So far I’ve been talking a lot about gathering stored data from past customers, but there are more resources that you can leverage to fine-tune your lead scoring. For instance, you might consider reaching out to customers and talking to them about what made them decide to purchase from your company - data doesn’t always give you the full picture.
Your sales department spends practically all of their time figuring out what drives people towards a sale, so ask them what resources they use to convince their prospects. If you have leads in your funnel who have accessed those resources, they’re probably more qualified than those who haven’t.
And finally, check out your attribution reports if you haven’t already. See where leads are coming from, and which sources are generating leads with high close rates. If people coming in from social are closing more frequently than those from organic, you’ll want to give more points to social engagement.
4. Embrace Negative Points
Lead scoring can help you easily distinguish which of your leads are worth pursuing, but it can also sort out which ones will probably never be a good fit. While it’s certainly more exciting to watch leads accumulate positive points, don’t be afraid to assign negative points to actions or demographic information that mean a lead is less likely to become a customer.
For example, if you have a page or form for people seeking job opportunities, they’re probably not that interested in purchasing your products or services. Or, say your company manufactures furniture for commercial use, and a contact indicated that they were looking to buy for their home. Chances are, that lead probably won’t be worth your salespeople’s time. In the search for the most qualified leads in your basket, be sure to define the bad as well as the good.
5. Use the Test Feature
At this point, you may be unsure if the point values you’re brainstorming are even going to work; thankfully, with HubSpot, there’s no need to guess. After setting up your positive and negative points, you can test the system with the handy “Test Contact” feature. Try using a variety of contacts, such as a current or past customer, someone who’s currently in the sales funnel, or even a brand new lead to see what numbers you generate. It should look something like this:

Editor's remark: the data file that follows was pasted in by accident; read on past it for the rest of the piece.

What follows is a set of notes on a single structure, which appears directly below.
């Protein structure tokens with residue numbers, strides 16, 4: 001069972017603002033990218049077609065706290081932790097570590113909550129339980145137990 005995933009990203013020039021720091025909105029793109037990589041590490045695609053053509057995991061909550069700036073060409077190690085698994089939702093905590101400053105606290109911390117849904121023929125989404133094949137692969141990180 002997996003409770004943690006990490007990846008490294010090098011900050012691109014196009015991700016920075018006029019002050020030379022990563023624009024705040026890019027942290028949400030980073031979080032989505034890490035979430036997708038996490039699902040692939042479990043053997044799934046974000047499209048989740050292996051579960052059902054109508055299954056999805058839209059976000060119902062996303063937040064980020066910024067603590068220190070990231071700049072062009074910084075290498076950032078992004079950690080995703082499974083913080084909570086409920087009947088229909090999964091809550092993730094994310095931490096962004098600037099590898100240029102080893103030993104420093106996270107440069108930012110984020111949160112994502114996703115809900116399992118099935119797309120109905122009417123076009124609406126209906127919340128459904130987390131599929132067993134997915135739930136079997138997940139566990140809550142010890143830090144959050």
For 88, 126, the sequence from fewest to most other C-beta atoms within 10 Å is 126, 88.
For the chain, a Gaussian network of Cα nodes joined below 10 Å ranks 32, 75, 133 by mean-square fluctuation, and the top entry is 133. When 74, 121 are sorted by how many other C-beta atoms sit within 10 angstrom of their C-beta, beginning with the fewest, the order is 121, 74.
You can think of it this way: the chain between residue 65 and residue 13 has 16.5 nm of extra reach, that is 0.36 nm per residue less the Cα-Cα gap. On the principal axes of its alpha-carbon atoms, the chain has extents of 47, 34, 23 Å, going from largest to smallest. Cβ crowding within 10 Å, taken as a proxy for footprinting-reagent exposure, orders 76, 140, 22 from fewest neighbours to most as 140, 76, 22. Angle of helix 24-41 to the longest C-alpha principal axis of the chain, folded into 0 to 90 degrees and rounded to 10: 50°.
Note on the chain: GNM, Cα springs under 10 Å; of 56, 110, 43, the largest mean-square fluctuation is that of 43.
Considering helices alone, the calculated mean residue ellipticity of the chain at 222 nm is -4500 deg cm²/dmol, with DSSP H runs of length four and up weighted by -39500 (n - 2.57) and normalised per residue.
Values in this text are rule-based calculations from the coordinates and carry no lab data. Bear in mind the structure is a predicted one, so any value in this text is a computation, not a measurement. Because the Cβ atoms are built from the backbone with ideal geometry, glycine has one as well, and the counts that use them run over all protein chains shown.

If you find that there’s not that much difference between a customer and someone who’s read a couple blogs, you should definitely reevaluate some point values. Everyone’s lead scoring system is going to be different, so as long as you can determine appropriate benchmarks for marketing qualified leads (MQLs), you should be golden.
6. Ready, Set, Automate
Of course, all that work doesn’t mean anything if you don’t use it, and while you can manually check contact lead scores, HubSpot isn’t called “marketing automation software” for nothing. You can integrate your lead scoring system into workflows to send a salesperson a notification when a contact has passed the MQL threshold, for example, or put someone into a nurture campaign once they’ve engaged a few times. Or, conversely, you can set up a workflow to remove a poor-fit lead from email lists and change their lifecycle status. The options are endless!
And for our last lead scoring tip: just like everything you do with inbound, always analyze, adjust, and repeat. What works now may change in the future, and as you gather more results from your efforts, you may find tweaks here and there. With a little planning and work, you can set up a lead scoring system that makes your company’s (and your partners') marketing/sales machine hum a lot smoother.